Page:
When Bobby came into school dressed as a caterpillar, we never would have guessed what he’d grow up to be. It was World Book Day. His costume was a green pair of trousers, a bogey-coloured t-shirt and two toilet roll tubes taped to his head. We thought he was an alien. Or maybe he was a bog monster. He always had that smell about him. Whenever Bobby came up in conversations, our mothers used to whisper big words like ‘hygiene’ and ‘neglect.’ Bobby’s mum—they said—was a ‘heroin addict.’ She had needle marks all up her arm and, on the few occasions she came into school, she wore a grey beanie hat. Bobby’s dad sold defective DVDs out the back of his canary-coloured truck. The rest of the time he lounged around their council house which was on the estate our mother’s called the bad estate, the one that was flaxen and gloomy and serrated by more knives than people. Bobby couldn’t help living on the bad estate—this is what our mothers told us. They said we should be nice to Bobby, but not so nice we got invited for tea. They’d heard rumours that Bobby ate his tea from one of those free-with-a-coupon cereal bowls, shovelling it up with a plastic spork. His food was yellow food. It was oven chips and turkey twizzlers and singular sweetcorn kernels, certainly not apples and plums like the foods he described on World Book Day. His book was The Very Hungry Caterpillar. Listing all the foods the caterpillar ate, he went into great detail about the cloud-like softness of a watermelon and the symphonic sweetness of a Duchess pear. We were pretty sure Bobby didn’t know anything about watermelons or pears—and probably he was as ignorant as we were about the word ‘symphonic.’ The only reason he could describe those things was because he had an imagination that was as big as the oak on Rectory Green. Our mothers used to say his imagination was all he had. They used to say the sofa in Bobby’s front room pointed at a wall painted half Caramel Latte, half Banana Dream. The TV had been carted off in the same van that took his mum when she OD’d. Sometime after that, Bobby’s dad punched a hole in the Banana Dream side of the wall and made a bargain with the image of Jesus he claimed he could see on the Caramel Latte side. Of course, God didn’t listen, and Bobby became one of those kids whose eyes pointed inside himself. This was probably why he didn’t realise how ridiculous he looked on World Book Day. If you really want to be a caterpillar, we told him, you need to slide through the plant beds on your belly. We reckoned he would enjoy that. Bobby was a dirty child, after all. He always had dirt under his fingernails which was because he’d been helping with the marijuana plants his dad was growing in their attic. There was other dirt we couldn’t see—this is what our mothers said. He knew dirty words. He never had a shower. Whenever our teacher rearranged the seating plan, our mothers would march into school to ensure we were as far from Bobby as our twenty-eight-by-thirty-foot classroom would allow. They didn’t want us catching nits or scabies, which was something they’d drummed into us just enough that, when we told Bobby to wriggle around in the mud, we did it at a distance of twice the length of our eight-year-old arms. Bobby ignored us, at any rate, because Bobby had decided to hang from the climbing frame by his scrawny ankles and spin himself inside an imaginary cocoon. Later, our mothers said it was his dad who should have spun that cocoon. That is what parents did. They spun cocoons. Of course, the reality of our cocoons and the reality of Bobby’s cocoon wasn’t in any way the same thing. For example, in our cocoons, Bobby stayed off school the day after World Book Day because he had jaundice and, when he never came back to school, it was because his dad had been arrested and he’d been taken into care and this was all for the best because at least in care he might have the occasional vegetable and get to watch TV. And because we thought all that was true, it came as a shock last week when we saw him coming towards us down the street, arm in arm with his father. He’d grown up just as we had, but he’d also grown different. The way he moved was full of purpose. He had an aura. As we followed him from one street to the next, we saw the easiness of his smile, the way he stopped to fiddle with a plant pot or point at a flower. What’s he doing? we asked, and a woman who was standing nearby gestured to the trees and the well-cut lawns. This was down to Bobby, she explained. He was working with the council to improve the estate. The estate? we asked. That same estate of serrated knives we’d never been to when we were kids? That same estate where Bobby’s mum had got cancer and Bobby’s dad had grown a prize-winning turnip and heritage peas—because that is what happened. Not the rumours our mothers made up. Another shock was learning that Bobby had gone to Oxford and Bobby’s dad had set up a watermelon farm. But the biggest shock of all was in comparing ourselves to him. It was as though Bobby had metamorphosed from caterpillar to butterfly, and we’d done the same transformation in reverse. We’d been butterflies, but now we were tiny wrigglers hardly bigger than a nail, shrivelled and stunted through our childhood eating of vol-au-vents and Reblochon and other yellow things.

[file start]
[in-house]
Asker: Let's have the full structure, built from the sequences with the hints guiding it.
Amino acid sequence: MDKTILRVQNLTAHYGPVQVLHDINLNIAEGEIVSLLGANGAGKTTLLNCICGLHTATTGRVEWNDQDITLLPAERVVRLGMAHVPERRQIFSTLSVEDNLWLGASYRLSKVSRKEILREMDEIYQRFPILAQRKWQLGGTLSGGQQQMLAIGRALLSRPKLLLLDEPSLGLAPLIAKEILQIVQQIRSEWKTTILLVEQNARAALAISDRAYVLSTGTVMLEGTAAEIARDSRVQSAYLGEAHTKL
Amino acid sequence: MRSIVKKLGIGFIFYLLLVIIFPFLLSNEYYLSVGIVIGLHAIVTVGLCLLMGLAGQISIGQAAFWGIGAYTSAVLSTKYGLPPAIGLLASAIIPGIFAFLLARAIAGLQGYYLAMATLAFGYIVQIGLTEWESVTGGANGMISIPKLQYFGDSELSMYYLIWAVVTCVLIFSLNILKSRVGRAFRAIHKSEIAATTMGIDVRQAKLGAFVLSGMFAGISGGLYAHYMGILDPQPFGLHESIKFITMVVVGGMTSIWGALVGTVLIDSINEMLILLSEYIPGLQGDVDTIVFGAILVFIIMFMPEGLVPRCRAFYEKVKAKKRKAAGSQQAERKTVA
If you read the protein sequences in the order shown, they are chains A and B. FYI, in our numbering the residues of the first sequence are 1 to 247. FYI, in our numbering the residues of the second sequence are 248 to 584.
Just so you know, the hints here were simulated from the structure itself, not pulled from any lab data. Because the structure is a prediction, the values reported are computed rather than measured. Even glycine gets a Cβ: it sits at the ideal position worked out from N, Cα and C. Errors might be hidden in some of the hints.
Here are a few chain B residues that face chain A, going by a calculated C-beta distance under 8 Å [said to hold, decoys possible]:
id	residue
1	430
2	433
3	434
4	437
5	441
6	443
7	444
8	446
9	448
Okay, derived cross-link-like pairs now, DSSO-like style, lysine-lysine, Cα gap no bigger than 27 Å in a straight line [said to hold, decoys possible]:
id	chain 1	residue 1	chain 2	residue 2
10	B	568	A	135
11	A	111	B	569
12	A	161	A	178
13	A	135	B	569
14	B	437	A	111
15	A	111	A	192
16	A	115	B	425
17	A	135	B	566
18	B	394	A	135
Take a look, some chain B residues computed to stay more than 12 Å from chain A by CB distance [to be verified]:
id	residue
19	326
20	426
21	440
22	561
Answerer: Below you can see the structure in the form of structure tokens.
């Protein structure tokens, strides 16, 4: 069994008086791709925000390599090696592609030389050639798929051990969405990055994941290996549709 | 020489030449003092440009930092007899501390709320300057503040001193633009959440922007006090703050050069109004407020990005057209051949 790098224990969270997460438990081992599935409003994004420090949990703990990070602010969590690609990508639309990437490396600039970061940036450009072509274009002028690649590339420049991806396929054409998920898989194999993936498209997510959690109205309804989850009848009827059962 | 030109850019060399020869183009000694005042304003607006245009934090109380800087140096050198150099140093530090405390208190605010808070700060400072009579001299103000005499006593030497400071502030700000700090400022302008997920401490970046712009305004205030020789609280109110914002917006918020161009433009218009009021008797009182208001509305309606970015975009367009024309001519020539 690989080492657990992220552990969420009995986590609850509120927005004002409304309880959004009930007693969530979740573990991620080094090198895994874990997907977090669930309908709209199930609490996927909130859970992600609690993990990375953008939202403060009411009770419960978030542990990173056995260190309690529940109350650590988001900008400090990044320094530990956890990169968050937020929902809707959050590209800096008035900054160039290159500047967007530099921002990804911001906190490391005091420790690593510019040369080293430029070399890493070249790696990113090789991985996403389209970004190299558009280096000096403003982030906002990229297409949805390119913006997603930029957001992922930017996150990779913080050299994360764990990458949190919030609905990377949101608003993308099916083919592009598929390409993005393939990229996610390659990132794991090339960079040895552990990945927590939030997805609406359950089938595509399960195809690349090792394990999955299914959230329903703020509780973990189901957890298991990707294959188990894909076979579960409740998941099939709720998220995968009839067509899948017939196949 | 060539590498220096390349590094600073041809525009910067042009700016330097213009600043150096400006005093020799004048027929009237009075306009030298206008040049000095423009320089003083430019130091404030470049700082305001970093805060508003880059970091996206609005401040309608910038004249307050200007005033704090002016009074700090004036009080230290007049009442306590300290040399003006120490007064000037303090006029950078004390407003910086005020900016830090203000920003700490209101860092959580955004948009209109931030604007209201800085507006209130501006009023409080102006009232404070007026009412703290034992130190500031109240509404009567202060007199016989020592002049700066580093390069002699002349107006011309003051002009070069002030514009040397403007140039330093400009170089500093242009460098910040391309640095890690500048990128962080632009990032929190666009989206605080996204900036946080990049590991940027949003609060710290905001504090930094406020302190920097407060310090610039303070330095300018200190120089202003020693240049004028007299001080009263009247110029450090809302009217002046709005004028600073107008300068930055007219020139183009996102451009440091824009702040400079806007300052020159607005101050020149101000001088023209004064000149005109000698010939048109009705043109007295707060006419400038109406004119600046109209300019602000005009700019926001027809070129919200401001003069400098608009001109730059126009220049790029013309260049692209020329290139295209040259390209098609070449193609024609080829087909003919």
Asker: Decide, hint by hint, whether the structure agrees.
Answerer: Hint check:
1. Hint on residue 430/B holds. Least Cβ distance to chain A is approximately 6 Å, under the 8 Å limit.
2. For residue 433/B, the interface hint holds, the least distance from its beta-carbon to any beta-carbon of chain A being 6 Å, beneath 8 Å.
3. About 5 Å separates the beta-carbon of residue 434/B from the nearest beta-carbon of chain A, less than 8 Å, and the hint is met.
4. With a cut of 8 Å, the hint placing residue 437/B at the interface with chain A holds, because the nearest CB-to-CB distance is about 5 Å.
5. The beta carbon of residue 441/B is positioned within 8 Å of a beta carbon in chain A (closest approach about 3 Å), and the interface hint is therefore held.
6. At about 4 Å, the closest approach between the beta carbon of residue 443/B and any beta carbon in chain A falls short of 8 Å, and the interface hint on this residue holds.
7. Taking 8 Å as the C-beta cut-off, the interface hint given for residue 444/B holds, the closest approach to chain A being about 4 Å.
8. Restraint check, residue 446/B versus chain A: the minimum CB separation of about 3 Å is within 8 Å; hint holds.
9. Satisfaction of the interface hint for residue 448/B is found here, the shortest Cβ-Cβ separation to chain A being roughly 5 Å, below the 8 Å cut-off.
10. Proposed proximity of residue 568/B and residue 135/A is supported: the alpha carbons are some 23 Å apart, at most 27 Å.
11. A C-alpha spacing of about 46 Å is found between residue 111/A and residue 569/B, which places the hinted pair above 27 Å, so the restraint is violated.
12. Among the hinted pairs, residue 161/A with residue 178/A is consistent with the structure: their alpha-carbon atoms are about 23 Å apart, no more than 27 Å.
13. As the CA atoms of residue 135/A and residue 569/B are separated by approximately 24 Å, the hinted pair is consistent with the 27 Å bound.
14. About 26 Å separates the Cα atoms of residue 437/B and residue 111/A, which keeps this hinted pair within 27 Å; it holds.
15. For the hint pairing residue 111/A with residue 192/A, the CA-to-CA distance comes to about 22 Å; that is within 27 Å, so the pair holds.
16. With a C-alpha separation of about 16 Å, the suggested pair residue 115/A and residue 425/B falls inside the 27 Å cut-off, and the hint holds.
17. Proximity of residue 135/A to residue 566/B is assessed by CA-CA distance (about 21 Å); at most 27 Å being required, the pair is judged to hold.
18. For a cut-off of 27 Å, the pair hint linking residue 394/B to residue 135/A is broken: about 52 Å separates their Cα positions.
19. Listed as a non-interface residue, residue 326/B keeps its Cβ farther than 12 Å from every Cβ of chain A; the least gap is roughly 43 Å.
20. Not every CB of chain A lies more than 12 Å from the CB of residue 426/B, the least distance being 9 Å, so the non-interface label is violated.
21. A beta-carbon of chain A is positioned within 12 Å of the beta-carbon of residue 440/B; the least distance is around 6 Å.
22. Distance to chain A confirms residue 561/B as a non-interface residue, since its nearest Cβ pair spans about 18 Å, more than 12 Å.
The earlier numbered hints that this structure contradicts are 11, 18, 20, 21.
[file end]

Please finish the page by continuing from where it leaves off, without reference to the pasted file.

Orlando native Kaylan Stedman Friedman is an illustrator out of Torrance, California. With a Master’s in TESOL, she teaches English by day and pursues her passion for art and illustration at all other waking moments. For more art, peruse past Ghost Parachute issues, follow her Instagram, @k.s.illustrations, or support her on Etsy at www.etsy.com/shop/ksillustrationsstore.